New Mapping Tool Helps Chattanoogans Explore Their City’s Data


Connecting state and local government leaders

"Open data has a tremendous ability to break down barriers and empower communities,” according to Mayor Andy Berke.

In civic tech circles, Chattanooga, Tennessee, has been known as a pioneering city when it comes to building the Western Hemisphere’s first 10-gigabit-per-second fiber network accessible to every home and business in the city.

But Tennessee’s fourth most-populous city has also been known for being an early municipal leader in open data, thanks in part to strong local partnerships fostered by an innovative public library, which hosts the city’s open data portal through a partnership with city hall and the Open Chattanooga Brigade.

This week, Chattanooga launched its new map-based open data exploration tool called City Insider that can be used by the public, civic stakeholders, local officials and municipal employees to gain insights and make smarter decisions from the data city agencies and other entities collect.

"Open data has a tremendous ability to break down barriers and empower communities, which we can encourage by using a format that makes sense for neighborhoods—in the case of City Insider, the data is presented in a searchable map," Mayor Andy Berke said in a statement.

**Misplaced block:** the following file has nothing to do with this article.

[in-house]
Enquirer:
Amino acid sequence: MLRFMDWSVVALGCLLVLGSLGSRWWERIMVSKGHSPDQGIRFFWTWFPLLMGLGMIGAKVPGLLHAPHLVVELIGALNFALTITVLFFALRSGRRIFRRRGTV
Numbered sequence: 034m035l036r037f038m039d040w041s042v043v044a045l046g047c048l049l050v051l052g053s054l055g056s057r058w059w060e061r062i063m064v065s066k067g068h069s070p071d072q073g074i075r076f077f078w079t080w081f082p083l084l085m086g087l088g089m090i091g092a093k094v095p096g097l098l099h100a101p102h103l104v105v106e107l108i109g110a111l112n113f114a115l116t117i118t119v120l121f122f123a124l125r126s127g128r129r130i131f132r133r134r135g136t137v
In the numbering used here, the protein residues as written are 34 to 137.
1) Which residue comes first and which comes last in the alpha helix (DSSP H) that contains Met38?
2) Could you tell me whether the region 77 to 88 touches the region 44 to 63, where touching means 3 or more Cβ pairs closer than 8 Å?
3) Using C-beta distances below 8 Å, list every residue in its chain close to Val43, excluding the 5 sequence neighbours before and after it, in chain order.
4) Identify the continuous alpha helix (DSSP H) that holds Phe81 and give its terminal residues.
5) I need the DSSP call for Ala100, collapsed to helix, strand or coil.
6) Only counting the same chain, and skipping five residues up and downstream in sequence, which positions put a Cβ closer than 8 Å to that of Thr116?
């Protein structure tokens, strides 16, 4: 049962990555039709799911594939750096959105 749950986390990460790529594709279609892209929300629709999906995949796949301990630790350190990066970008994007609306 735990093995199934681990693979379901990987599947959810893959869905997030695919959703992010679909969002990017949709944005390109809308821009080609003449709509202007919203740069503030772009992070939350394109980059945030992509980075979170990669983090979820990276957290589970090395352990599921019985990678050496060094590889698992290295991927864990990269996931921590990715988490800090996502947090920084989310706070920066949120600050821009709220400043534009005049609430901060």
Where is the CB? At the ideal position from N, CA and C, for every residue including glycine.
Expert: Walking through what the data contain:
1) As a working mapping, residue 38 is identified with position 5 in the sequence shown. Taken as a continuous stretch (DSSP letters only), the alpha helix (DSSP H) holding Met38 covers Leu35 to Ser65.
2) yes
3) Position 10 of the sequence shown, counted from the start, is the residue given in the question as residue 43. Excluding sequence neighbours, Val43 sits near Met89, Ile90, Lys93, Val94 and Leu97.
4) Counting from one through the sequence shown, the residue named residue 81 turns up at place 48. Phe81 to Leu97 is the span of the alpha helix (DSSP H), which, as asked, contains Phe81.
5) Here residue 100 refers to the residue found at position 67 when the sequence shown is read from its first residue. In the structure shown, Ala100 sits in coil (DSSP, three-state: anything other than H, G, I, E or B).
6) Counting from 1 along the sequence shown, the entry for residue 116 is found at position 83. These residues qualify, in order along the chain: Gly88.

Included in City Insider is the ability to display 3-1-1 call-center requests and neighborhood crime data in a heat map—pictured here is the concentration of incidents involving drunkenness along Broad Street in downtown Chattanooga near the Tennessee Aquarium and bars.

(via Chattanooga City Insider)

New data sets will be added to City Insider.

“The City Insider will be an asset to individuals and neighborhood associations in Chattanooga who want info about crime, 3-1-1 reports, etc.,” Gwenda Gregory of the Lake Hills Neighborhood Association said, according to the Chattanoogan. “Questions that are often asked at neighborhood association meetings can be answered quickly and accurately using this webpage. Being able to print this data is a plus.”

Michael Grass is Executive Editor of Government Executive’s Route Fifty and is based in Seattle.

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